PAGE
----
Mind-forged manacles

The activist Daniel Pinchbeck reflects on the mind-forged manacles that stop humanity from addressing the planetary mega-crisis and achieving metamorphosis. We must take a leaf from the spiritual holistic approach.

Back in the Sixties, the visionary scientist Buckminster Fuller foresaw only two outcomes for humanity: utopia or oblivion. Either we continue our present social and political arrangements until we destroy ourselves, or we rapidly transition to a new social system, allocate resources rationally, and elevate the human community, as a whole, to an abundant state of being. I remain convinced that Fuller was right.

Our civilisation is a planetary suicide machine, rapidly annihilating the biosphere that sustains us. We are spewing more than a million tonnes of CO2 into the atmosphere every hour. Our oceans have become 30 per cent more acidic in the past 40 years, as they absorb excess carbon. Climate change is proving to be an erratic and complex process, but the great danger remains that we will soon hit a tipping point where we unleash rapid, unstoppable warming.

We face other ecological problems that are equally severe – a quarter of mammalian species, perhaps all species, will disappear within the next 30 years. We can’t predict when our industrial monoculture’s radical assault on the biosphere will induce feedback loops that cause the ecosystem to shut down, like a planetary heart attack, but the prospect is neither distant nor implausible.

Our post-industrial infrastructure remains fragile, toxic and perilous, while instruments of mass destruction proliferate. Climate change has caused increasingly unpredictable weather, with “once in a century” super-storms, tsunamis, earthquakes and floods now happening every year. Will nuclear power plants in America or the UK do better than Fukushima in the wake of an earthquake and tsunami? When resources become scarce, will aggrieved nations trigger nuclear contact? Will enraged individuals turn to bioterrorism? As sea levels rise, what will become of the hundreds of millions of environmental refugees?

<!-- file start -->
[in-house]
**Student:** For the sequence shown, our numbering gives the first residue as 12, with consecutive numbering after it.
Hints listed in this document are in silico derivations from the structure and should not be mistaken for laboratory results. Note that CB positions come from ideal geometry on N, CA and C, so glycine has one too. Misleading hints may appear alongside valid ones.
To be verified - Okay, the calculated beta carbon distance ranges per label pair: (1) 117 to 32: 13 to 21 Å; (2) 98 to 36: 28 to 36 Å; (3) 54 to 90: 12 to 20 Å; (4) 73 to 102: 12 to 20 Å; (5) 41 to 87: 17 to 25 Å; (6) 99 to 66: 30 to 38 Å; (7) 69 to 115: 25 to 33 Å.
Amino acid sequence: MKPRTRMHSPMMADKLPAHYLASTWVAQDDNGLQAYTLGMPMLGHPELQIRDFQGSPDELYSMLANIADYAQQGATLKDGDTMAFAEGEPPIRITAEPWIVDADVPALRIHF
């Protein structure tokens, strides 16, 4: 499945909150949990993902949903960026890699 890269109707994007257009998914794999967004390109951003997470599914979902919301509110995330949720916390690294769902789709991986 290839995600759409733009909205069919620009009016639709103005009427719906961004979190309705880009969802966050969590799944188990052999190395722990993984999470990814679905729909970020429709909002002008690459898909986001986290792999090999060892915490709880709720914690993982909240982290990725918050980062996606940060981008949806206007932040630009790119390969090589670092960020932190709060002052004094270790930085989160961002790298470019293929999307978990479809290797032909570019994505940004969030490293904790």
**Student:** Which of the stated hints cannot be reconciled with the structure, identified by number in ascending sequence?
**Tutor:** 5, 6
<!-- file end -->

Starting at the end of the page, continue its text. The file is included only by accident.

While our current system enhanced the quality of life for vast populations, increasing lifespans and improving access to goods, services and communication technologies, it also created incredible, horrific inequities between the haves and have-nots. Since the Second World War, the US and its European allies have mastered the use of debt as a weapon of domination and control.

The planetary mega-crisis cannot be solved in piecemeal fashion – the symptoms are aspects of a universal disorder, a systemic disease. The only conceivable response is the rapid construction and universal dissemination of a comprehensive alternative, a new “operating system” for human society. Revolution is an antiquated term that refers to older political and social arrangements. What we require now is more like a metamorphosis, where we consciously transform our existing infrastructure from within and without, utilising archaic techniques and postmodern technologies to bring about a polar reversal of values and behaviour.

Our social and cultural evolution appears to be an extension of natural or biological evolution, and follows the same principles. In nature, evolution leads from primitive competition to sophisticated symbiosis, coordinated co-operation. As an example, our bodies consist of hordes of micro-organisms that once fought for resources until they learned to work together.